Have a positive attitude
This is probably the most important thing in overcoming the fear of flying. If you think or say something will suck, it will. Just the same as anything in life, flying is much easier if you think it’ll be OK. That’s exactly what I do. It is a necessary evil and you must be positive.

Finally, remember these elementary things when you fly and they should help ease your mind:

– If you’re flying you are very lucky
– There are billions of people on this Earth that will never see the inside of an airplane
– If you didn’t fly, how would you get where you’re going and how long would it take?
– Walk, drive, swim, train, bus?
– When you’re flying you’re almost always going somewhere good; vacation, work or home
– We live in an amazing age where anywhere is accessible within 24 hours because of air travel
– The world is at your disposal
– Relax, rest up, sleep…just keep your mouth closed!

Comments

  1. Fantastic story Mr. Lee

  2. Great article Lee, very well written, funny and true to life. I love the spacing out part although I must say I do bring and watch movies on planes. I cannot sleep even after all these years.

    • Sleeping just takes practice I think and the space out thing came after years of being very uncomfortable for me…now it’s second nature

  3. Mali John says

    “just keep your mouth closed.”……This made me guffaw.

    I really don’t fear flying. I’m on cloud 9 when I’m in an airplane. Turbulence is the only thing that scares me.

    Since you said turbulence will not make a plane crash, then there’s nothing to worry about now.

    I will share this with my friends.

  4. Have you ever flown Alitalia? I did last week and I think their captains and crew wanted to die. It was the worst airline experience of my life and I live in the UK and deal with RyanAir and EasyJet all the time!

  5. Yummmmmm fat guy oozing onto my seat

  6. I never thought about it but I guess a plane does weigh several hundred tonnes

  7. I can’t sleep worth anything on planes so the only thing for me to do is drink.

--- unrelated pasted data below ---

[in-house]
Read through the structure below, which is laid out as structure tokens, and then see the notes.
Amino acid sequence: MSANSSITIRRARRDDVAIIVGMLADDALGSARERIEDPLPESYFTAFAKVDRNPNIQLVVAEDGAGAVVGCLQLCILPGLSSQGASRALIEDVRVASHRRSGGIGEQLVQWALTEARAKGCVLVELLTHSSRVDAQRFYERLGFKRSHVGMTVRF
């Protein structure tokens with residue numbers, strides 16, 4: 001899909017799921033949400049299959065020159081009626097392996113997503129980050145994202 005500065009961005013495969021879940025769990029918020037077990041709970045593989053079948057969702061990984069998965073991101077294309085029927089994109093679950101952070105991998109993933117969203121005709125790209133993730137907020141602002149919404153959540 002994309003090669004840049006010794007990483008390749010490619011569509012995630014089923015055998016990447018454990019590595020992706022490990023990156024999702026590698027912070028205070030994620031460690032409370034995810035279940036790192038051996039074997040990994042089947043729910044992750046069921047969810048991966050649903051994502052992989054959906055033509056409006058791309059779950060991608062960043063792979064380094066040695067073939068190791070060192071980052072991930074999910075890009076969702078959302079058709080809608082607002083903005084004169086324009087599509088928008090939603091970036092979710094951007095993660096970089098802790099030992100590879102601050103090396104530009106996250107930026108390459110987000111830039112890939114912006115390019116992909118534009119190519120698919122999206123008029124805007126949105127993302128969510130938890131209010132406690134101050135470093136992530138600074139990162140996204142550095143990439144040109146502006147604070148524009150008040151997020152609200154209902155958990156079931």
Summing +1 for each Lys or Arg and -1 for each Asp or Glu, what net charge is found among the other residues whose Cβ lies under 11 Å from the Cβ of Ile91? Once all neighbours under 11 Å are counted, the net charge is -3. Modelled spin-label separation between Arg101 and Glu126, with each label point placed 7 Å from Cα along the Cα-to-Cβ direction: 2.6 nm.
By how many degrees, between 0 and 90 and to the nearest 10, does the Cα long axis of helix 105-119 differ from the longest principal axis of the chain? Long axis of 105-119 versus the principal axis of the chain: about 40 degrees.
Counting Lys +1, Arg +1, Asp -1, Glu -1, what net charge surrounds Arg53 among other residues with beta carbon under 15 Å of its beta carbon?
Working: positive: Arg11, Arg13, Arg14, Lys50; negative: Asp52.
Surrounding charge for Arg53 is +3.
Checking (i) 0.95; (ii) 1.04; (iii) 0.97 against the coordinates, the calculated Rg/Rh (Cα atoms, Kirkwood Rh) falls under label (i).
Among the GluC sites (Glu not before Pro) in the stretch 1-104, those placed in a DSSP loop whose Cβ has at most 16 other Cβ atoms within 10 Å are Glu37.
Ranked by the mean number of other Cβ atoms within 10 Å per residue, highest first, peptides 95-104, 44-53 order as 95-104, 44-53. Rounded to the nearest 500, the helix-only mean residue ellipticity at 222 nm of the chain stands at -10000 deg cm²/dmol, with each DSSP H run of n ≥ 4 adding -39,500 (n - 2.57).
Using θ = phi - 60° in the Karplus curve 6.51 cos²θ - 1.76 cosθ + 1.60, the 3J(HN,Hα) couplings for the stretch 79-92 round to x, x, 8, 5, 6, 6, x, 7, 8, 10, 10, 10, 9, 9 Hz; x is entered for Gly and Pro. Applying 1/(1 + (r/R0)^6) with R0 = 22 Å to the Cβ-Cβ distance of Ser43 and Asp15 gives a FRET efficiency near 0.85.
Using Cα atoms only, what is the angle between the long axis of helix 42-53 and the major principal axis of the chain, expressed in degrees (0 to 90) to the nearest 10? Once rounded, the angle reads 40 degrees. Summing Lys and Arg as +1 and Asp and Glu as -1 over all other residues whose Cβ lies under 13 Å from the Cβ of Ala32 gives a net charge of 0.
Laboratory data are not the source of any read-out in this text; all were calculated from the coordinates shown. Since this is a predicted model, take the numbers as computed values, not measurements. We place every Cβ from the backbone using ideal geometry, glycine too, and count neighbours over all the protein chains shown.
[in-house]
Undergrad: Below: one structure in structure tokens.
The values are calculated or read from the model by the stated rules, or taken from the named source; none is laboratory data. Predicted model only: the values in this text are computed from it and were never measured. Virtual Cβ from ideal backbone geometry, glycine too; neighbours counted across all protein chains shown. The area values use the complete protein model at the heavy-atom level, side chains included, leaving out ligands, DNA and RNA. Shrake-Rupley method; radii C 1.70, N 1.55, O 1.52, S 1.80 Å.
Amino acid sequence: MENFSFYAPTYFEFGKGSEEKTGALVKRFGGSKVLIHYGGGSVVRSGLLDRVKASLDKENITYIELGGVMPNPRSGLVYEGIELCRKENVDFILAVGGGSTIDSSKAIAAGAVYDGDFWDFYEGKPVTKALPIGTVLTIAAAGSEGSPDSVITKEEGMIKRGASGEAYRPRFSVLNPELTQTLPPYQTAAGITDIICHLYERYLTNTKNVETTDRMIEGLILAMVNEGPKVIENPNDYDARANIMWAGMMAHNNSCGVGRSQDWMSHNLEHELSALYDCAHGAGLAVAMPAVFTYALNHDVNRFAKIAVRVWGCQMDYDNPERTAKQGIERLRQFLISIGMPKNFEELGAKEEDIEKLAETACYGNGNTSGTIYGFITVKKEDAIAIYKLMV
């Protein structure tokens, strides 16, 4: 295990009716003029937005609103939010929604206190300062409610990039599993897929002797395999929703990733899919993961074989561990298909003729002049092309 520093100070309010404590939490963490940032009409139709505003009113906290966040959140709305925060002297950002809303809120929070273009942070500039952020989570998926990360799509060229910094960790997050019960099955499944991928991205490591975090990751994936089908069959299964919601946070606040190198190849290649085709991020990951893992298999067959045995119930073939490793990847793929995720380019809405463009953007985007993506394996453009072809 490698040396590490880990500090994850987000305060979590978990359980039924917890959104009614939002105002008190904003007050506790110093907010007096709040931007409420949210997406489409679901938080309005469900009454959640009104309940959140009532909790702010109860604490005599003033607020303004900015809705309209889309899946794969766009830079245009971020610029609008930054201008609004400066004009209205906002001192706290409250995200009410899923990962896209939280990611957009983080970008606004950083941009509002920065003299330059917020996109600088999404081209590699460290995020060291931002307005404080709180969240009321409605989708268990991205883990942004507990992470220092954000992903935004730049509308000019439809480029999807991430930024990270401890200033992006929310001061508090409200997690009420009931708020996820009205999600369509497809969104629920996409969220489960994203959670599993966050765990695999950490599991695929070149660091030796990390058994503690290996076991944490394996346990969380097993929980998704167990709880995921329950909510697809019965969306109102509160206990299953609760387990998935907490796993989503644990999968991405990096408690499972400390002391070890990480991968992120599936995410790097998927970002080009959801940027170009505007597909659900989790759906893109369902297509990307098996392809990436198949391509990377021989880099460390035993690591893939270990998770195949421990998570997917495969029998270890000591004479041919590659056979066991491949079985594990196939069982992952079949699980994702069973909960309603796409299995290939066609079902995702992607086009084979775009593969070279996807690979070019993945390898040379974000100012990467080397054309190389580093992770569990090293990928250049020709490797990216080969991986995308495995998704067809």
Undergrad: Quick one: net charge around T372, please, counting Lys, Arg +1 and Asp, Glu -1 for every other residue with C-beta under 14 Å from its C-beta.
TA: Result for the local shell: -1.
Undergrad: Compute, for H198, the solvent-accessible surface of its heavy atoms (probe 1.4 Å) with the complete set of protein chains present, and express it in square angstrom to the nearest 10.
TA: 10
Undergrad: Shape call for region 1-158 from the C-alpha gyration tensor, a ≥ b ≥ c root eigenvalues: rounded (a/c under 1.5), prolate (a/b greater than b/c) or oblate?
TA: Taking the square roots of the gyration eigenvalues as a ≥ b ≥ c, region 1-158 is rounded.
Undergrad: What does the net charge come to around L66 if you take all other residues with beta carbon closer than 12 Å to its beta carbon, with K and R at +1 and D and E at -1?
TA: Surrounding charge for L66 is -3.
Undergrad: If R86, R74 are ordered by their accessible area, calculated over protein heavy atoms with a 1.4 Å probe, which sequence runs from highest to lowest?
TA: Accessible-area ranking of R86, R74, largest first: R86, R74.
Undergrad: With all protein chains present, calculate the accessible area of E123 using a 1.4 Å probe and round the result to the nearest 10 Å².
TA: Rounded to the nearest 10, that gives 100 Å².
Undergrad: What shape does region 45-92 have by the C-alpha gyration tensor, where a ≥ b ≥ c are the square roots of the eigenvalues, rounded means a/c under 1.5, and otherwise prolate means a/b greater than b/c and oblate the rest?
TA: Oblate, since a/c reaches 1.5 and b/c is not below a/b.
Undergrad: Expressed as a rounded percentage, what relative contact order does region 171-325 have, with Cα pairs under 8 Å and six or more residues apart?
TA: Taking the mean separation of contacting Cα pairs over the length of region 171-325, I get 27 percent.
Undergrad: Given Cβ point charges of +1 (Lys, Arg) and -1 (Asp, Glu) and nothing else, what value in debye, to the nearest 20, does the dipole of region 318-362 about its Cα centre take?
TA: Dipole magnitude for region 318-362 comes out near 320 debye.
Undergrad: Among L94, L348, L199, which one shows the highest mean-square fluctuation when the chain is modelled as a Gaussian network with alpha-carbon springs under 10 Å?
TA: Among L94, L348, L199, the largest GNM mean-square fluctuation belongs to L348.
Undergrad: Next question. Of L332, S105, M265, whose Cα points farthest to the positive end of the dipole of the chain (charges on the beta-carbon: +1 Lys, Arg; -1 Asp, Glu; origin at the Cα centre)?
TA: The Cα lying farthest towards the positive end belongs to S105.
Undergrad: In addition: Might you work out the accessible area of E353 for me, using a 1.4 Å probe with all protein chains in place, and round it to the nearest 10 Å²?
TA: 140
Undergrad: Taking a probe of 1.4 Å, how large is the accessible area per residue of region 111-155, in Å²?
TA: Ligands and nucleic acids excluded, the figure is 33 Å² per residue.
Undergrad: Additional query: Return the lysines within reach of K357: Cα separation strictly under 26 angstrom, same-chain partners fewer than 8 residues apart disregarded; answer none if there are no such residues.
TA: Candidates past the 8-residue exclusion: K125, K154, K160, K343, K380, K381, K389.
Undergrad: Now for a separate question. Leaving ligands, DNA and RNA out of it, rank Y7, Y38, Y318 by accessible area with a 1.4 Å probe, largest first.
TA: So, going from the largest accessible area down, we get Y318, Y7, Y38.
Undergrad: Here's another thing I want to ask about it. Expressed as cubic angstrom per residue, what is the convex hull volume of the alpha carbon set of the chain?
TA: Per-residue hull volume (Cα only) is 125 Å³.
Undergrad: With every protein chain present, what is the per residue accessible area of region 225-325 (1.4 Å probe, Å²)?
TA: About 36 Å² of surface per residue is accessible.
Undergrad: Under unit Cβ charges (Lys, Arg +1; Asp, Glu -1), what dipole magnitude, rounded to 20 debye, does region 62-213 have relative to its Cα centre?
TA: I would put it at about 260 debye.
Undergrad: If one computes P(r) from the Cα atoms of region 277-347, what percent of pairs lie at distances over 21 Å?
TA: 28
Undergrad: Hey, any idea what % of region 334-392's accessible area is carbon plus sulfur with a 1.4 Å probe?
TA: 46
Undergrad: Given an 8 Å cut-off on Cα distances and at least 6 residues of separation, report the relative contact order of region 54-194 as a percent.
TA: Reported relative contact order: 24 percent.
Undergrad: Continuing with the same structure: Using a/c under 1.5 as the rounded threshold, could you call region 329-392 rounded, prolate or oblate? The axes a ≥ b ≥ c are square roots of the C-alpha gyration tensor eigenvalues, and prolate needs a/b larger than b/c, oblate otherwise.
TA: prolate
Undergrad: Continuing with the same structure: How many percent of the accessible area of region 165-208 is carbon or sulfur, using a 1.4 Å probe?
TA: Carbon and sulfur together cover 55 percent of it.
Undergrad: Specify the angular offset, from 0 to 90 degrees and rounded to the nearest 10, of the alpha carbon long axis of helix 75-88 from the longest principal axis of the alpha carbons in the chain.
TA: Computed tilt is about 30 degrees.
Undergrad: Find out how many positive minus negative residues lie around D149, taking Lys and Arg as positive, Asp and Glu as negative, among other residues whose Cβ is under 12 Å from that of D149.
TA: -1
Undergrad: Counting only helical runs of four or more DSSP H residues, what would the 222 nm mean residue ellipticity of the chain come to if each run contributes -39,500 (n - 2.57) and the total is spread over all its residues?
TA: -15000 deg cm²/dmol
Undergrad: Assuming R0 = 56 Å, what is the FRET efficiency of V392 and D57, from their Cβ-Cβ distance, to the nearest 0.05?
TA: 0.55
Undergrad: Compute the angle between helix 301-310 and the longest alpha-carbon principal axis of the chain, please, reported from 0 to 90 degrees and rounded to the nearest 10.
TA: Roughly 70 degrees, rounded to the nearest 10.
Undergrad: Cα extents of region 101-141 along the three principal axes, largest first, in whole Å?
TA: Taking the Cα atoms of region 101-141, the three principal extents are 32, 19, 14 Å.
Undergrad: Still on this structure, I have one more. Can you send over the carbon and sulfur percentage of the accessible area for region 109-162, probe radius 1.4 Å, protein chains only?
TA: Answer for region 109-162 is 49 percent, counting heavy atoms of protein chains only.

Perhaps it’s a product of being Irish!

  8. Just try not to think about it

  9. These are wonderful tips and you make it seem so simple. I hate flying more than anything…I will try your steps.

  10. Great post…I am sure a lot of people will love this

  11. I am one of the minority who needs to drug themselves before getting on a plane. I don’t know why I do it because I can never sleep. I think I am just too nervous. Maybe I should try the spacing out technique!

  12. hi there! firts of all, i’m not an english speaker, for that, give so credits and try to understand my words!, ok, thnx for this article, i`m one of the million of people with this stupid fear, i went to ths psycologist and it worked… for a little, now i`m again with thea fear, but, this lines make me more at ease, thnx again, and one thing a didn`t know it`s that turbulence does not make planes crash, that`s a fabulous tip!!!, ok, i will try to do all the things that you mention it, i give it a tray reaaaaaally hard!!!

  13. Knowing all the details about the planes from cabin crew job doesn’t really make the fear of flying go away, especially after almost having a plane crash once, surviving a lightning striking my plane and surviving turbulences when I fell down a couple of times and got bruises all over. But still the best thing is not to think of it as you couldn’t do anything about it once something happens …